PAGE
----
Please note: This master’s thesis presentation will take place online.
Krishna Kanth Arumugam, Master’s candidate
David R. Cheriton School of Computer Science
Supervisor: Professor Mei Nagappan
The impact of software vulnerabilities on daily-used software systems is alarming. Despite numerous proposed deep learning-based models to automate vulnerability detection, the detection of software vulnerabilities remains a significant issue. While some techniques report high precision/recall scores of up to 99%, our experience leads us to believe that these models may underperform in realistic settings, specifically when evaluating vulnerability detection models on the entire source code repository of a project.
Therefore, in this thesis, we create a more comprehensive vulnerability detection dataset (i.e., Comp-Vul), which aims to accurately represent the realistic settings where vulnerability detection models are deployed. Then, we evaluate the performance of two state-of-the-art deep learning-based models, LineVul and DeepWukong, on the Comp-Vul dataset.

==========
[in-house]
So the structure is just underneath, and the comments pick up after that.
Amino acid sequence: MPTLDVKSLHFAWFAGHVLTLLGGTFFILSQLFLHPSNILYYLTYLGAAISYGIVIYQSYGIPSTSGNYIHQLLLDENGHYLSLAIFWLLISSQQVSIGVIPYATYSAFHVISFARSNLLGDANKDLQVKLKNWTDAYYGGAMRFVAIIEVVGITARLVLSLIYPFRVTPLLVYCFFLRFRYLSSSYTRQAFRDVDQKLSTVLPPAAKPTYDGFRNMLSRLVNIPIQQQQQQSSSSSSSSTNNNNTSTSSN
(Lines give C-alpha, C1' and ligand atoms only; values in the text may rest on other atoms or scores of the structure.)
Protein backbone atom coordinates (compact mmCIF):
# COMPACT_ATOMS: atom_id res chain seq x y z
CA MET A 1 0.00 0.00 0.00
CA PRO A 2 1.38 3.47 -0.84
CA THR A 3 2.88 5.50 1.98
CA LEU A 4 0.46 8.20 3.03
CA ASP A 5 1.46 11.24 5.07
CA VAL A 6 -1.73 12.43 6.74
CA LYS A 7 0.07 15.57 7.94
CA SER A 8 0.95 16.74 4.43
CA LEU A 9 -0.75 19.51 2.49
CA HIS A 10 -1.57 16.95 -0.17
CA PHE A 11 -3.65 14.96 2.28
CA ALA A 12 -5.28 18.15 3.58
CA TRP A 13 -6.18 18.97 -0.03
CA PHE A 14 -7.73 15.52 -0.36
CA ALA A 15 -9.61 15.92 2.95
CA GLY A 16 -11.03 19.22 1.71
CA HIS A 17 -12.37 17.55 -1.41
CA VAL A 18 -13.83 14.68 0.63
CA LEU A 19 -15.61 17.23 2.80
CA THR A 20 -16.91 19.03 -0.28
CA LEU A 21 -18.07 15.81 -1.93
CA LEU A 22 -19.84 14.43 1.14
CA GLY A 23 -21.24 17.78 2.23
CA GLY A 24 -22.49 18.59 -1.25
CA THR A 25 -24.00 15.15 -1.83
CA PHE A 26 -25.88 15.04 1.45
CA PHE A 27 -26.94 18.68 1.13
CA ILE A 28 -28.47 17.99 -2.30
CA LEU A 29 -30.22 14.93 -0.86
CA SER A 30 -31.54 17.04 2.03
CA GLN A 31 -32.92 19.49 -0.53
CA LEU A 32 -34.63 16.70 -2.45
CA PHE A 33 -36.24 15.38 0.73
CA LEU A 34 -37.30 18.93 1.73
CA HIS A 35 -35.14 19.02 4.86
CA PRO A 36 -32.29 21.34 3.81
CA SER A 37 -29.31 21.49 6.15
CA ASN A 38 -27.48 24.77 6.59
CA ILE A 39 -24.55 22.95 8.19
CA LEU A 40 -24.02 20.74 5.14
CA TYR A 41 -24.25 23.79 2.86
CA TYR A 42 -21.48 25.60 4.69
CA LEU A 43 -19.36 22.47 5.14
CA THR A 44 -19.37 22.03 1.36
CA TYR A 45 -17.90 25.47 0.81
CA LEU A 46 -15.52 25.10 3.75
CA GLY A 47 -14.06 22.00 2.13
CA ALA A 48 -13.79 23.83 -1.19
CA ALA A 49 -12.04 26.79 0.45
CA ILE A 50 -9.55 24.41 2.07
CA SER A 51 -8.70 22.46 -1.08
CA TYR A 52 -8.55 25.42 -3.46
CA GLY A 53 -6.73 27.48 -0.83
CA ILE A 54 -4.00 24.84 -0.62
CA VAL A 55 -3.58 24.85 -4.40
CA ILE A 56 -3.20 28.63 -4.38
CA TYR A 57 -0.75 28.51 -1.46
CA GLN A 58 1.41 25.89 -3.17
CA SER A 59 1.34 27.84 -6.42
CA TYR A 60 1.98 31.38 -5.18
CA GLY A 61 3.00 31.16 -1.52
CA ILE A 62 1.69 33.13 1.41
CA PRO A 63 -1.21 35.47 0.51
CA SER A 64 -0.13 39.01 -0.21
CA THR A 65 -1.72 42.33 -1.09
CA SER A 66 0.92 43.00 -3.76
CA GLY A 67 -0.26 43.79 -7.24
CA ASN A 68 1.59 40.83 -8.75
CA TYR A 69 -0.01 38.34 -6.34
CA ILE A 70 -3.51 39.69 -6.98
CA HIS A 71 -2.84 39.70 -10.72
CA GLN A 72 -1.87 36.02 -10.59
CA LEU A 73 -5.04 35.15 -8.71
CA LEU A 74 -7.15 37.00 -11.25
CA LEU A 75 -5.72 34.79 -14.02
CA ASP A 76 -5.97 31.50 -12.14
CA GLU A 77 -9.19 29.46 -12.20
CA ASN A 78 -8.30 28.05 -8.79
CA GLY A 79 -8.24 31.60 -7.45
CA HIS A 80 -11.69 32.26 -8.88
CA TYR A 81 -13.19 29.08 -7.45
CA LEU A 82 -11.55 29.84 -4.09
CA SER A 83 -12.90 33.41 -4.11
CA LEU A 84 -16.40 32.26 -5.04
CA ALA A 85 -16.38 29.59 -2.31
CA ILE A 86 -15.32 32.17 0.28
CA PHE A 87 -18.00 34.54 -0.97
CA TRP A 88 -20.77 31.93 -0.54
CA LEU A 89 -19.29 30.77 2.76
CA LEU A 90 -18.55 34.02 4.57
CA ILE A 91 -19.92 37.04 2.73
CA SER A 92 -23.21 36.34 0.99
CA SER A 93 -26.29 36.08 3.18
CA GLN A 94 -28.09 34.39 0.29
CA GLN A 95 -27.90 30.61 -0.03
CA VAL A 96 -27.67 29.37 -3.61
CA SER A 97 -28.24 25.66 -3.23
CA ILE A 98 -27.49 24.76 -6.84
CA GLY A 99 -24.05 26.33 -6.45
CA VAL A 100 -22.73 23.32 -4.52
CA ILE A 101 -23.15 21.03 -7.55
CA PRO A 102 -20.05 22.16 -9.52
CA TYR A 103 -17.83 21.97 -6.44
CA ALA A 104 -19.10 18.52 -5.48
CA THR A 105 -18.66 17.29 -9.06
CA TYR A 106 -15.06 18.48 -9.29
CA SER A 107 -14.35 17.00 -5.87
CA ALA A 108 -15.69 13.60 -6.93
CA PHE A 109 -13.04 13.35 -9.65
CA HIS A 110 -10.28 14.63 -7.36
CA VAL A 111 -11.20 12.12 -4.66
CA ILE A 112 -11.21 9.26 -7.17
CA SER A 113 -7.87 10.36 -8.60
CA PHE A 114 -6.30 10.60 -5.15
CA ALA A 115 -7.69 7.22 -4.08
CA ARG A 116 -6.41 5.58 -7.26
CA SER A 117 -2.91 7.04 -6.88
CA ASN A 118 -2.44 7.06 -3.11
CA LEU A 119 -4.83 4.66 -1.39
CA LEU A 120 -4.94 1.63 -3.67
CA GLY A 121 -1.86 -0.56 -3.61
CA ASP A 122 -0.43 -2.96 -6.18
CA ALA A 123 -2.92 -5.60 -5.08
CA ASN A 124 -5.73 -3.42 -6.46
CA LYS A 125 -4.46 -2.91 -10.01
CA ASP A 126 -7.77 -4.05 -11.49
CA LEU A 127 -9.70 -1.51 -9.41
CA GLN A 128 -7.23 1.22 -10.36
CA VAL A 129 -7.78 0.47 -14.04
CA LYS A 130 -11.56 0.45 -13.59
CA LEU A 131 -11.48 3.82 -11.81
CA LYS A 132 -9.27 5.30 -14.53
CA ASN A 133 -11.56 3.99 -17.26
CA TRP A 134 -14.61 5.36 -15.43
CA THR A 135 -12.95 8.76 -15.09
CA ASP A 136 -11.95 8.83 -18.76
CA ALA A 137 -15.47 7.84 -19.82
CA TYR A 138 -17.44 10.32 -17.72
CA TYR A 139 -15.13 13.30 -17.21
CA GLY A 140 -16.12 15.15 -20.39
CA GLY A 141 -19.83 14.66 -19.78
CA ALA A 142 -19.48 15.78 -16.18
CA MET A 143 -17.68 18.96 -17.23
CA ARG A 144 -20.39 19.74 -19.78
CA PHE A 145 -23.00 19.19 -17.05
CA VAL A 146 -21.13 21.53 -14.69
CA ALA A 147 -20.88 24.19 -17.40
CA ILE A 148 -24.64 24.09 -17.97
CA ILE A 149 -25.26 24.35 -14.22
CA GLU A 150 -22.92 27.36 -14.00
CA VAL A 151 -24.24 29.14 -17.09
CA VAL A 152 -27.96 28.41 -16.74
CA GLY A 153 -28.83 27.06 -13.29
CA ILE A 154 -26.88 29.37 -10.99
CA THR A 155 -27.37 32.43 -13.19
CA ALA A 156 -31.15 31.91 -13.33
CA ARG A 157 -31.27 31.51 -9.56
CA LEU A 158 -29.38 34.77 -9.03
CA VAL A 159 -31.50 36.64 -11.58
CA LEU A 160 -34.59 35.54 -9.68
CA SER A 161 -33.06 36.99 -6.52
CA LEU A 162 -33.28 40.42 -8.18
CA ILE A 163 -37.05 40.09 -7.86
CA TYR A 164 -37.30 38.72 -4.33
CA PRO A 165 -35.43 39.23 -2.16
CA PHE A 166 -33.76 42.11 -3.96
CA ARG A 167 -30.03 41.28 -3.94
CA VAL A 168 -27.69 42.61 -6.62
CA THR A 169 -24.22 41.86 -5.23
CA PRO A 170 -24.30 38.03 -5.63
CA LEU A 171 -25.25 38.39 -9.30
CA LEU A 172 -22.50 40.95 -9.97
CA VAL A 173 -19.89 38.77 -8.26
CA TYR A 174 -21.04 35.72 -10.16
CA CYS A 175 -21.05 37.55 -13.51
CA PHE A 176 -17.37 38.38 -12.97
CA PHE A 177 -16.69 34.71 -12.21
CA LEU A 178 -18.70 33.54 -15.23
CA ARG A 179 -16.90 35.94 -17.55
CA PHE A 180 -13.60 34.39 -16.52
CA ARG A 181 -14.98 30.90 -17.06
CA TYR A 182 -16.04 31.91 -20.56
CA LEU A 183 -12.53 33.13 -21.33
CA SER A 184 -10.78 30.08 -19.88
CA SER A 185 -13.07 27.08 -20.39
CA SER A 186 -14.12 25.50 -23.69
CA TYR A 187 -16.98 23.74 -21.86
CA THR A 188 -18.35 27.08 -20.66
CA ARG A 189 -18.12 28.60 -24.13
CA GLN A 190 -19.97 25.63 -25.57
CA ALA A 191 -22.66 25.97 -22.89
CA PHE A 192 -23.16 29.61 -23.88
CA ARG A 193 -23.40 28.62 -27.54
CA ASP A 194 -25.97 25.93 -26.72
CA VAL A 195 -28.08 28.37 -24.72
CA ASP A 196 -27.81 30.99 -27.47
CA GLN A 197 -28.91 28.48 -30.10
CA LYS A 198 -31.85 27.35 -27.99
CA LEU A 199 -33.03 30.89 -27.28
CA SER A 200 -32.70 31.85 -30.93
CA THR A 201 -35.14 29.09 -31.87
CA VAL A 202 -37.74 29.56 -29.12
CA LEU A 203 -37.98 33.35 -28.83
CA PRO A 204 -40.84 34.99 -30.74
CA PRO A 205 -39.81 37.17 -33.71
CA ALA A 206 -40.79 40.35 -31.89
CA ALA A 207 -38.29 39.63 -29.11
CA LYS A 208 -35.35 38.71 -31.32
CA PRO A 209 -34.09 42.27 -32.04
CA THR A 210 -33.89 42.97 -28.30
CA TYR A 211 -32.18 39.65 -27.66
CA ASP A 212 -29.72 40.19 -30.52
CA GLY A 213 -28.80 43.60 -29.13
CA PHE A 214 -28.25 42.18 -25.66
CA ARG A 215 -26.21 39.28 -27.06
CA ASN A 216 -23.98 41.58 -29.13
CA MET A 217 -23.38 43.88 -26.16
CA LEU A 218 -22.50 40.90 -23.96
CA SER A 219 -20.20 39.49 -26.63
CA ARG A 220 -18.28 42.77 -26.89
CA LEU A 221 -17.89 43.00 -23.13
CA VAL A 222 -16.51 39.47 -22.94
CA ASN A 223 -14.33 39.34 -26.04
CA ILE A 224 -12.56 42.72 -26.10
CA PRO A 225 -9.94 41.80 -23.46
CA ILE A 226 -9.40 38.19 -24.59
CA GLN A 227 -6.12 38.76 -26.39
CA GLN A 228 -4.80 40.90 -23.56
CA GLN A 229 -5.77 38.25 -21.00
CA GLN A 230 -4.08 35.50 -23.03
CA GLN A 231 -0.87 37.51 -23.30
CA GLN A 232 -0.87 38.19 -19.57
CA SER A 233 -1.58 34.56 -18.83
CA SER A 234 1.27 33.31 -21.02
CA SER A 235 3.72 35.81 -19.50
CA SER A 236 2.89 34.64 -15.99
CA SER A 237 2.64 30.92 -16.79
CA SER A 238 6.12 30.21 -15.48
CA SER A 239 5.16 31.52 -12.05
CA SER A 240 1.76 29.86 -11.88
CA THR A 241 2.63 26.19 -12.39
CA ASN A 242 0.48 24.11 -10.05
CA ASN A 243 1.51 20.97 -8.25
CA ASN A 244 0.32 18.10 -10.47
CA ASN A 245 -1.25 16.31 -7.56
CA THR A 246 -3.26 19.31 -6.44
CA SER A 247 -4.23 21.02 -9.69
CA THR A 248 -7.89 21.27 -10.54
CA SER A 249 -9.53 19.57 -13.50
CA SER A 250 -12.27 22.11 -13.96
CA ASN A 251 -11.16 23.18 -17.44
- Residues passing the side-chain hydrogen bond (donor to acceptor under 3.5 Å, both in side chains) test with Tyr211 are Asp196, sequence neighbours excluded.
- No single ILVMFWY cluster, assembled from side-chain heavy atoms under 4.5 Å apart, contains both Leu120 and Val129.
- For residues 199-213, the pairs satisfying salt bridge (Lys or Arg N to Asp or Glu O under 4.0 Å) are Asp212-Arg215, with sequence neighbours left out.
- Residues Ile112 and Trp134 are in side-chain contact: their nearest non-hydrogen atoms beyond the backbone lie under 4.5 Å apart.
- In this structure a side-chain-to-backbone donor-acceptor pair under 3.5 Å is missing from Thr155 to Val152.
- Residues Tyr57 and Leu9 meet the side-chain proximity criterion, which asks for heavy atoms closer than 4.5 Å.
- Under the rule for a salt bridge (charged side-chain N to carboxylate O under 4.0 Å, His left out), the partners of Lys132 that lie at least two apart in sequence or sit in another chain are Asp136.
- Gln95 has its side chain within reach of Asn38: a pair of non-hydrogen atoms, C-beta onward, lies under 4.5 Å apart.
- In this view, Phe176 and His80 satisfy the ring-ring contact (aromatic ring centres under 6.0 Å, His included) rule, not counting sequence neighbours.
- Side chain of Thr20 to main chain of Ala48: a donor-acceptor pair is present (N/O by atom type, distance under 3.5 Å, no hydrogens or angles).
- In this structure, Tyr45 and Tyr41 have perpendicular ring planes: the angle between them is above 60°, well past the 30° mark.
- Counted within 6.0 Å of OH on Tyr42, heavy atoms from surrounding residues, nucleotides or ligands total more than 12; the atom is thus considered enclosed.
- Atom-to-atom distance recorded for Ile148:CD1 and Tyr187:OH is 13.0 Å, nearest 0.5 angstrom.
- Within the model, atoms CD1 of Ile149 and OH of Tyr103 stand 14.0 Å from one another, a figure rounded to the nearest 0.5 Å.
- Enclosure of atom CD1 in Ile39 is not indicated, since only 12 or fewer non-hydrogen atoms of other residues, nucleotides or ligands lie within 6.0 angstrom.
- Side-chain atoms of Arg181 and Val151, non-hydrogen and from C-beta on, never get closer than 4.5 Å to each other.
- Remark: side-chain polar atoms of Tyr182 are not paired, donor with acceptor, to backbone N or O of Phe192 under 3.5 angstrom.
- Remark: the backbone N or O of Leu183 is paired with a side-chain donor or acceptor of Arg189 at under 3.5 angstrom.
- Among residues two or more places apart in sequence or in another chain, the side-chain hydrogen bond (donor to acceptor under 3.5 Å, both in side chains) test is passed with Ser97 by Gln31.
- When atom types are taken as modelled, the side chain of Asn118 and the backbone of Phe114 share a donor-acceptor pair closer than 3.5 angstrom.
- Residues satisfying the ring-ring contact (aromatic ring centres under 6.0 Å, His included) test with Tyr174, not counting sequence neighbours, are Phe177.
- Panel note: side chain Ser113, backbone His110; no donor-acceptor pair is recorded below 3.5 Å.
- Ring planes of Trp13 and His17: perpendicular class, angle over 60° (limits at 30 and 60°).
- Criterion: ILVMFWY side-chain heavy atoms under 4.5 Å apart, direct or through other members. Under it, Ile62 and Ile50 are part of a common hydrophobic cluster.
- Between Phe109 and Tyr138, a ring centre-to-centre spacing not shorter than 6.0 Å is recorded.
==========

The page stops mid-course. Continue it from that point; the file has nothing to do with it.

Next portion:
Our results show that the performance of both models drops drastically, with precision dropping by 86%–95% and F1 score dropping by 88%–91%. Our further investigation shows that the ratio of vulnerable to non-vulnerable samples in the evaluation dataset significantly impacts the performance metrics of these models. When we visualize the embeddings produced by the models, we find that there is a substantial overlap between vulnerable and non-vulnerable samples. This shows that these models have difficulty distinguishing between vulnerable and non-vulnerable samples in the Comp-Vul dataset, resulting in a high number of false positives.
We introduce a new program slice-level vulnerability detection technique named SliceVul, which leverages the powerful capabilities of Transformers and incorporates the semantic properties of source code programs such as data and control flow information. Our approach outperforms the existing state-of-the-art program slice-level vulnerability detection model, DeepWukong, when evaluated on the Comp-Vul dataset. Our study argues that accurately identifying vulnerabilities using deep learning remains a challenging task that requires improved approaches to model evaluation and design. Further research and development, complemented by realistic evaluation datasets, is required to enhance the performance of these methods.
To join this master’s thesis presentation on Zoom, please go to https://uwaterloo.zoom.us/j/98629207653.
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